Connor McDermott reads story of “Little Sir Hugh” by Lesley Nelson-Burns in Debby Stathes’ senior honors English at The John Carroll School in Bel Air Sept 26. (Tom McCarthy Jr. | CR Staff)
Holocaust survivor film comes to John Carroll
By Elizabeth Lowe
Holocaust survivor Leo Bretholz continues to recount his memories from the historical event for those who are not alive to do so themselves.
“We speak for them (the dead) so their memory is never forgotten,” said Bretholz, 91.
The Pikesville resident is one of the Holocaust survivors featured in the film “See You Soon Again,” which will be shown at The John Carroll School in Bel Air Oct. 17.
A panel discussion with Bretholz, Holocaust survivor Bluma Shapiro, the film’s co-director Bernadette Wegenstein and John Carroll alumnus Andy Klein ’71 will follow the film.
Students from John Carroll; Pikesville, Perry Hall and Northwestern high schools; and Krieger Schechter Day School in Pikesville are featured in the 63-minute film, which examines the effect telling the story of the Holocaust has on survivors and students who hear their stories.
Louise Brink Géczy, John Carroll’s senior project program coordinator and the teacher responsible for bringing the film to the school, said it is another tool to teach about the Holocaust.
“It’s vitally important for students to be exposed to first-hand accounts,” Géczy said. “Students come away stronger, more fully aware of the world and their surroundings. Kids will come to me at the beginning of (their) senior year and say ‘I’ve been looking forward to this since I was a ninth-grader.’ It has a great deal of meaning to them.”
Géczy also coordinates the school’s Holocaust Remembrance Day for seniors and the senior class trip to the U.S. Holocaust Memorial Museum in Washington, D.C.
“Holocaust studies involves so much more than what occurred in the Holocaust,” Géczy said. “John Carroll has a truly deep commitment to Holocaust education and it fits with our mission of putting out students who have a global perspective.”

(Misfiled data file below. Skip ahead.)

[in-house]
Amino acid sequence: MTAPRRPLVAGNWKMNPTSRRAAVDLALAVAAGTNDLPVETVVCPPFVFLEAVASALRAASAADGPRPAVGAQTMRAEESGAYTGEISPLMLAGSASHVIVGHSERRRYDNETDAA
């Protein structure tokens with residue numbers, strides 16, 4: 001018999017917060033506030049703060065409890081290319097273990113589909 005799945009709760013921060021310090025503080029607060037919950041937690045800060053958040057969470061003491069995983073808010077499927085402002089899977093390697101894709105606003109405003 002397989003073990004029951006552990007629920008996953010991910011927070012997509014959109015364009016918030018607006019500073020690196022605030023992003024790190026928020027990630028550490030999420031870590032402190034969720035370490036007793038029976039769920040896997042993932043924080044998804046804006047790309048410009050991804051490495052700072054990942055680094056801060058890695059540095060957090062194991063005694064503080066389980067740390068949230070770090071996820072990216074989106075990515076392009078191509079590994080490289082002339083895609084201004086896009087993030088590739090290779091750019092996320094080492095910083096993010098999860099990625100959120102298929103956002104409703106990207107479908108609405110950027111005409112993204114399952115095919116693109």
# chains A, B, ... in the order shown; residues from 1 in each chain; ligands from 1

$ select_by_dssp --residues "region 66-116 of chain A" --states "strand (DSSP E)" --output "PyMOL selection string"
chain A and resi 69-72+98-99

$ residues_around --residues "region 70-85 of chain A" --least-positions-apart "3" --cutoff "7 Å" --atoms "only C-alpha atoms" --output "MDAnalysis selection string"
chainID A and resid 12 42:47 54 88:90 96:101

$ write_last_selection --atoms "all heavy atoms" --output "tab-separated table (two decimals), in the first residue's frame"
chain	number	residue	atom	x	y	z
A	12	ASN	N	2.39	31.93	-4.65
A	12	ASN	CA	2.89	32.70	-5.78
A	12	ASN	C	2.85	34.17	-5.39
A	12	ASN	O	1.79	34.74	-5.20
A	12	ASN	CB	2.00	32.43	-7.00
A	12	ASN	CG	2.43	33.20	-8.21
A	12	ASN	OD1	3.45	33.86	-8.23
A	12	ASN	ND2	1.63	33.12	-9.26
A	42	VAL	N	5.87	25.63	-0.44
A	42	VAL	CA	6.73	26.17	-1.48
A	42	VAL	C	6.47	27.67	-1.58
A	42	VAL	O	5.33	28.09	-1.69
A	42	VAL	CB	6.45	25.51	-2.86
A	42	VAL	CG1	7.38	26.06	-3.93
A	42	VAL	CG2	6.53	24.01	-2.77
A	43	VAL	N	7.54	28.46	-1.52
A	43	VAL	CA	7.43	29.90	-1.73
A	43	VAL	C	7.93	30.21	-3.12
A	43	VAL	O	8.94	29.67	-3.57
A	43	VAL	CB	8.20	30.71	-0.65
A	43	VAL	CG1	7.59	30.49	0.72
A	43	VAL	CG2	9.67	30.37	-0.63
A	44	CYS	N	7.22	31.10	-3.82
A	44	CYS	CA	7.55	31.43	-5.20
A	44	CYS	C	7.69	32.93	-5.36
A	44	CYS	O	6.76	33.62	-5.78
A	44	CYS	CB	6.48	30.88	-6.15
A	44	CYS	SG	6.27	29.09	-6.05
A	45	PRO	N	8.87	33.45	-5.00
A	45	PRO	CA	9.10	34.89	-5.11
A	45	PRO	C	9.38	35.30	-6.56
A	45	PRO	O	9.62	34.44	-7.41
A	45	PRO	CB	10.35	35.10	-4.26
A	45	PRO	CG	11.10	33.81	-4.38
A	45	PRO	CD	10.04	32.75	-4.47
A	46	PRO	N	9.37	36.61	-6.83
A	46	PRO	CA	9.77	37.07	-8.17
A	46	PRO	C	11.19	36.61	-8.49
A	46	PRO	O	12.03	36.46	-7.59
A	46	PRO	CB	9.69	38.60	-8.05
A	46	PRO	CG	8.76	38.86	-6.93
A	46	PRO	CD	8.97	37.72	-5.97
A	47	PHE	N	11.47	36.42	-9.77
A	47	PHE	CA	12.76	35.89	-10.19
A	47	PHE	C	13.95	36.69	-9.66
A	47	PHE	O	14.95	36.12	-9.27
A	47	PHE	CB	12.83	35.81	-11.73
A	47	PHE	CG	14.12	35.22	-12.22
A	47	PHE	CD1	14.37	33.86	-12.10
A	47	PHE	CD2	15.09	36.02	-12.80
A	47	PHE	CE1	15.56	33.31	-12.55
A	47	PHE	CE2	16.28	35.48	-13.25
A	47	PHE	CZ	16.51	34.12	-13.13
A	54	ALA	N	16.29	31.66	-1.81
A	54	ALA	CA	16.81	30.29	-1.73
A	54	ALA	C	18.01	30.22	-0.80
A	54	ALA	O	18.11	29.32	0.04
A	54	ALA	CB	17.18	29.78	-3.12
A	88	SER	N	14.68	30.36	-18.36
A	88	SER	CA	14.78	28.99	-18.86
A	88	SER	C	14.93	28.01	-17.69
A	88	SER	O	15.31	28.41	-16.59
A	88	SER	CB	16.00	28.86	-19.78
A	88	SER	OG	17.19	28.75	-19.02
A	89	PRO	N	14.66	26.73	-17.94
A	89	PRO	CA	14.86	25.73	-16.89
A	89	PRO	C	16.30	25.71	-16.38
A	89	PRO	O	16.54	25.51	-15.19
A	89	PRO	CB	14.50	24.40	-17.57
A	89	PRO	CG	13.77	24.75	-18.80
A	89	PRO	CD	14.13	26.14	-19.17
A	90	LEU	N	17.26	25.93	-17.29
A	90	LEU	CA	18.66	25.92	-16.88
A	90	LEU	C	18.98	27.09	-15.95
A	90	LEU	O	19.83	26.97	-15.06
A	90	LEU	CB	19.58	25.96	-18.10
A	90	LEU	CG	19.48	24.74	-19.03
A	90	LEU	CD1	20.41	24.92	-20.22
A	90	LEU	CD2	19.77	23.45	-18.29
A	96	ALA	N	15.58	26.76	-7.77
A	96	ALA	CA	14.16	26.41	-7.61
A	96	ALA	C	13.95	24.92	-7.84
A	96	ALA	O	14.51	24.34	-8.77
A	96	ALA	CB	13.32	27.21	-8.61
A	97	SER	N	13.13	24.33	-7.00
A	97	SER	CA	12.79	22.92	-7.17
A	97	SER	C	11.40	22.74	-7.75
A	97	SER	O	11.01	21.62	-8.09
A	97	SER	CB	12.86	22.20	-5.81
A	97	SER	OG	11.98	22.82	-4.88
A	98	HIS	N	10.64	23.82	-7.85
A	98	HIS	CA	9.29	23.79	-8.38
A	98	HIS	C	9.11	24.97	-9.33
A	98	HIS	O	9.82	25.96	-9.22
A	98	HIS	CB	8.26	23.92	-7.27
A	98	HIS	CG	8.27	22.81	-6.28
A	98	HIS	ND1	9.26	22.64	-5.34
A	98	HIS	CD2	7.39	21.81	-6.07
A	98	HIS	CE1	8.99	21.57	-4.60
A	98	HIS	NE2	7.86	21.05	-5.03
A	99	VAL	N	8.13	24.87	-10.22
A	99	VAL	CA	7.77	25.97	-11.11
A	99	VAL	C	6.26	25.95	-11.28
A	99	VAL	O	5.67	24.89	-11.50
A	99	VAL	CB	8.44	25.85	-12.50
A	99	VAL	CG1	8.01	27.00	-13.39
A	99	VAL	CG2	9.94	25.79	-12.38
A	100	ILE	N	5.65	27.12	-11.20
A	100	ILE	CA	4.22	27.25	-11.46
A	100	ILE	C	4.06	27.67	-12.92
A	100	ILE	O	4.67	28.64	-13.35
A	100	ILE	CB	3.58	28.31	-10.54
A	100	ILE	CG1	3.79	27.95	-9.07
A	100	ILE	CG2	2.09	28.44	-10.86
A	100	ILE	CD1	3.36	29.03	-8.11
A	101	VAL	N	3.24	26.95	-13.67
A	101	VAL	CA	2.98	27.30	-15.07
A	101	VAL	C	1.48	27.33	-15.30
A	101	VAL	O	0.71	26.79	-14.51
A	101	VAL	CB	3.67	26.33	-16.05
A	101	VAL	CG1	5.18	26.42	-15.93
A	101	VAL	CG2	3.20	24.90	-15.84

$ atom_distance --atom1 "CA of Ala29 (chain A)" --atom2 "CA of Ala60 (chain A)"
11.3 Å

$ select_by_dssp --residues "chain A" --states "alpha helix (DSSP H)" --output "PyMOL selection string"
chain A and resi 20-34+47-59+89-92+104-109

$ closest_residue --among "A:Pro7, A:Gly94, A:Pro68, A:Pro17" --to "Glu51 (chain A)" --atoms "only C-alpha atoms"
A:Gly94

The life lessons students learn from studying the Holocaust are “limitless,” said Géczy, who noted students hear from Holocaust survivors who were in death camps and hiding.
“They (the survivors) typically tell what happened to them during the Holocaust from beginning to end. It’s a very powerful experience.”
Laura Hottle, a John Carroll alumna who expects to participate in the panel discussion, said her favorite part of learning about the Holocaust was meeting the survivors.
“Instead of just learning things out of a textbook, you get to meet real people who went through it,” Hottle said. “I was able to see the impact of the Holocaust on actual people and hearing the stories - it has just made me become more of a compassionate person.”
Wegenstein, director of the Center for Advanced Media Studies at The Johns Hopkins University in Baltimore, was motivated to make the film after she learned Bretholz spoke at Baltimore schools three times each week.
“How does he do that and why does he put himself through the suffering over and over again?” Wegenstein asked. “It’s extremely hard to be talking about one’s own survival. Let’s just think about what it means for these people to tell these stories over and over again and what hard work it is for them.”
Taping for the documentary, which cost $500,000, began in 2010 and was completed last year, Wegenstein said.
The film, which premiered in May at the Maryland Film Festival and in Austria Sept. 26, will be released on Maryland Public Television in January 2014.
If you go:
What: Screening of the Holocaust survivor film “See You Soon Again” and panel discussion
When: Oct. 17, 7:15 p.m.
Where: The John Carroll School, 703 E. Churchville Road, Bel Air
For information, call 410-838-8333 or visit seeyousoonagain.com
Copyright (c) Oct. 13, 2012, CatholicReview.org